Thought Leaders vs Influencers

A lot of people are claiming to be thought leaders these days. In the rise of the influencer and attention economy are they the same, or different.

The rise of the influencers

I was chatting with a client CRO from a large US company and mentioned that I write the occasional piece for Chief Auditors and Chief Risk Officers. Their response was:

Oh no, I don’t want another influencer in my feed. I get nothing from them. What I need is really well thought out, actionable content.

They made a distinction between thought leaders who make a big contribution and the influencers who have crowded them out. 

Thought Leaders vs Influencers

It’s useful to distinguish the two with a bit more precision. 

Thought leaders

A thought leader generates novel content, often from a first principles perspective or drawing new insights or models to help people think through big ideas and challenges. 

According to Forbes, they are relevant, passionate, curious, insightful, novel, and topical in their work. They are authentic and empowering in how they communicate and are recognised and respected by their peers and the leaders in their field.

They have a unique point of view and high conviction. They share generously without denigrating the work of others (which can be a sign that the author’s ideas aren’t strong enough to stand on their own – or worse – there isn’t enough brain plasticity or broad enough experience to apply or mesh with the work of others).

Thought Leaders provide actionable frameworks, inflections and new ideas on how to make things better. They’ll publish when they’ve got something to say. Otherwise they’re pretty quiet if they’re not on a media deadline.

They’re generous with sharing, driven by impact and not by likes an clicks.

They generate content that other thought leaders respect and reshare and contribute to industry standards and frameworks. People seek out their opinions and advice. They are probably advisors or mentors to many and at the pointy end of things. They’re citable. Possibly, their ideas are adopted into standards and frameworks without ever realising where the ideas came from in the first place.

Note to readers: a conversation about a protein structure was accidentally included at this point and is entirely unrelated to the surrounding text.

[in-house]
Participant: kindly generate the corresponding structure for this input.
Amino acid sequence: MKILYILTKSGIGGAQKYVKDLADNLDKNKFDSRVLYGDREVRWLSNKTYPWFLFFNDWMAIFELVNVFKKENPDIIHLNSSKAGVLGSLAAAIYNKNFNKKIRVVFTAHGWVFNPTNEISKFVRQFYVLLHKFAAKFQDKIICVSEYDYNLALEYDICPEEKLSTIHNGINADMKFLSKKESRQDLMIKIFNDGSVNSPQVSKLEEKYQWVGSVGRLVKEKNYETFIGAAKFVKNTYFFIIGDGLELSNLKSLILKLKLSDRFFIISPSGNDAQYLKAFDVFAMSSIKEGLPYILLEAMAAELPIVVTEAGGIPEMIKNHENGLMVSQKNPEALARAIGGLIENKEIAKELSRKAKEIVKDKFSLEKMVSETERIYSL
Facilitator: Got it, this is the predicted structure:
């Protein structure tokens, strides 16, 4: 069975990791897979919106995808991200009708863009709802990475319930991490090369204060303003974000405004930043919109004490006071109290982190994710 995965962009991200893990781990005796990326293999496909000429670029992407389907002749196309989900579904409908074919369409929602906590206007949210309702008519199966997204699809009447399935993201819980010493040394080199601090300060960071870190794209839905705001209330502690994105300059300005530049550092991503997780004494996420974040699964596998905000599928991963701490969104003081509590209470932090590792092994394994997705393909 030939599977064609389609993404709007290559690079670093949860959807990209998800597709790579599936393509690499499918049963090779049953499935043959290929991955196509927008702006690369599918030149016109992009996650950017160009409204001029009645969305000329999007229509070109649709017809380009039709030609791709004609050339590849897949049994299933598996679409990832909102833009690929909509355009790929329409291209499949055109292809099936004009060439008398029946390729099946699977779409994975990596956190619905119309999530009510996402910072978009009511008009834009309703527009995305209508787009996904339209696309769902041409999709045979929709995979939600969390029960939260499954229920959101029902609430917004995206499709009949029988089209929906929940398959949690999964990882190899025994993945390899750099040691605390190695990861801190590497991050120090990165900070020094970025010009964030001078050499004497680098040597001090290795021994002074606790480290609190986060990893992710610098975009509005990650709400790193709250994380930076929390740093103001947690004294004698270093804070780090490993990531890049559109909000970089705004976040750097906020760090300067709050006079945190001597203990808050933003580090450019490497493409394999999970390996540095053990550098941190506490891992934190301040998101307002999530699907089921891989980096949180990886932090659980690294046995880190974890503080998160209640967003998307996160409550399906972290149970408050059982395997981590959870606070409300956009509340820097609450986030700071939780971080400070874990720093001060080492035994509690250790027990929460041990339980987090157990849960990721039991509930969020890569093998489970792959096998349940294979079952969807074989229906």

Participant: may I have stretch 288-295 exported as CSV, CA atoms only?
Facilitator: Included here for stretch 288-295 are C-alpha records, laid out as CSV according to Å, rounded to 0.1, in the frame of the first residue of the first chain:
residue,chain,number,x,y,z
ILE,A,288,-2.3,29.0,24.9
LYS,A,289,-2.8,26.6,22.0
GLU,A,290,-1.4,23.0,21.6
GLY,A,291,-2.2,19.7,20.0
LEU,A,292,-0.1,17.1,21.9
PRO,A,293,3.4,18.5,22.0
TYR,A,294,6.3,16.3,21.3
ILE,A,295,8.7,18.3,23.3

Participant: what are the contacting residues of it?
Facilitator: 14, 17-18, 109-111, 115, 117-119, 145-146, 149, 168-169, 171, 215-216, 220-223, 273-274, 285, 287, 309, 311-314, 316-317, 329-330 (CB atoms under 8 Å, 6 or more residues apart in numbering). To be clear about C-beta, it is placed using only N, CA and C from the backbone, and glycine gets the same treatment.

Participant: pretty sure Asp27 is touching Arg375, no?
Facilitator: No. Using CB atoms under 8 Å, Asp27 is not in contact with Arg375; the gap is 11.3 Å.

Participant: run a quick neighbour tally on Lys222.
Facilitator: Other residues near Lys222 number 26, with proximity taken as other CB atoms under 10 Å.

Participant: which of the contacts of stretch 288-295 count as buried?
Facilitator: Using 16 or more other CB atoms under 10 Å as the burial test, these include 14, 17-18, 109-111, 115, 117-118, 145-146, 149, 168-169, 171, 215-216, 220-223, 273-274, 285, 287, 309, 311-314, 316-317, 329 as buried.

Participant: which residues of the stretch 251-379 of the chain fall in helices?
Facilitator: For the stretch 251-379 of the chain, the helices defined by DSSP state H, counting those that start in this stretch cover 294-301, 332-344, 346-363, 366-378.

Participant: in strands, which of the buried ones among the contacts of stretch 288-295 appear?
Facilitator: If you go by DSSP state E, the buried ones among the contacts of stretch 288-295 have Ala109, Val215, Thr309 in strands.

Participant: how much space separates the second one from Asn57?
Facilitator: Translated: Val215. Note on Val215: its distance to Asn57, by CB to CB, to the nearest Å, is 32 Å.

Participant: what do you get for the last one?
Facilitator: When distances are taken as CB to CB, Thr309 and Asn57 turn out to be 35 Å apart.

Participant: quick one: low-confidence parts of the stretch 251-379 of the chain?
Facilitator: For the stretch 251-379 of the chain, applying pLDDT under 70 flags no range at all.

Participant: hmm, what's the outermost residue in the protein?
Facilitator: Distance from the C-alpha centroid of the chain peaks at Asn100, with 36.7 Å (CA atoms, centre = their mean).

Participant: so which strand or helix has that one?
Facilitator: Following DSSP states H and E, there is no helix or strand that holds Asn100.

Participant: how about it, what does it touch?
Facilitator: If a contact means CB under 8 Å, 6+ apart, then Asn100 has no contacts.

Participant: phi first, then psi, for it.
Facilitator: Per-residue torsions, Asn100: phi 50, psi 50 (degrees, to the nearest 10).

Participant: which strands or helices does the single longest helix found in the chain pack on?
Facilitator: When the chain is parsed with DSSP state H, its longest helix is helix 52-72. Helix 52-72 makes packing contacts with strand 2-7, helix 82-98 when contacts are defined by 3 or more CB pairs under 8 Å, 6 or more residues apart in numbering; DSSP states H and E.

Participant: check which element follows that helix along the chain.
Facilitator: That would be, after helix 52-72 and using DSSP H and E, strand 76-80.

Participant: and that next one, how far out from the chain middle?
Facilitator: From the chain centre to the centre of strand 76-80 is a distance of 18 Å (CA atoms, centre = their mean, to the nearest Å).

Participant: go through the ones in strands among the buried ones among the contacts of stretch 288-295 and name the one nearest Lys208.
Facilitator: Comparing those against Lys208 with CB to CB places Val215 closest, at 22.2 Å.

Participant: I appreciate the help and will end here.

For genuine thought leaders, it’s take-up of the ideas that is the genuine reward, even if… or particularly if there is no recognition of their contribution. It’s seeing the impact of their work over longer time scales.

This is an incredibly high bar and one that is hard to maintain consistently. It’s an honour to be recognised and not something you can claim for yourself.

But this is the main game for genuine thought leaders and the space we try and play in (apart from notable publishing gaps of 6 months or more when we’re deep in the work with our clients).


Influencers have nice marketing, and good follower growth on socials. But often this is just a regurgitation of other people’s ideas (often without attribution) in a way that gives people cheap dopamine hits when bored on socials. It’s shiny, high frequency and crowds out the good stuff. 

Another influencer strategy is to find clickable content from others to like and reshare to keep their profile in your feed – every single day, crowding out your genuine connections.

Sure, this content is fun if you are scrolling for a cheap dopamine hit, but if you’re not actioning the content this probably isn’t serving you.

And its probably crowding out the good stuff.

Getting the balance right

Your attention is a valuable resource – so choose wisely.

My tests for who to follow and connect with are whether they enrich my work in a way that is worthy of paying attention to and prioritising. 

I’ll give others a try for a week or two, but if they’re crowding out my feed I’ll opt out shortly after. 

So if you’re going to call yourself a thought leader or aspire to be one, make sure your work is backed by substance and not just seeking attention or social stats. This Forbes Article is a good guide.

And if you’re looking for people to follow it’s good to be clear on the difference between the two. Influencers thrive off quick dopamine hits. Thought leaders genuinely help you think better.

Sure, give influencers a try, but if it’s not enriching your life and practice and crowding out what’s genuinely important, then hit the unsubscribe or unfollow button so it’s not crowding out your feed from what’s genuinely important.

Todd Davies

Todd Davies has been recognised as one of the top 10 global thought leaders in Internal Audit of the year, and of the decade by the number 1 thought leader globally (Richard Chambers).

He has been recognised as a top 20 global exemplar by the Directors and Chief Risk Officers Institute and has contributed extensively to professional bodies, regulators and standard setters in Australia and internationally.

He was formerly KPMG’s global head of product development for internal audit and has spent the last 15 years working with Chief Risk Officers, Chief Auditors, boards, committees and the c-suite to master their craft.

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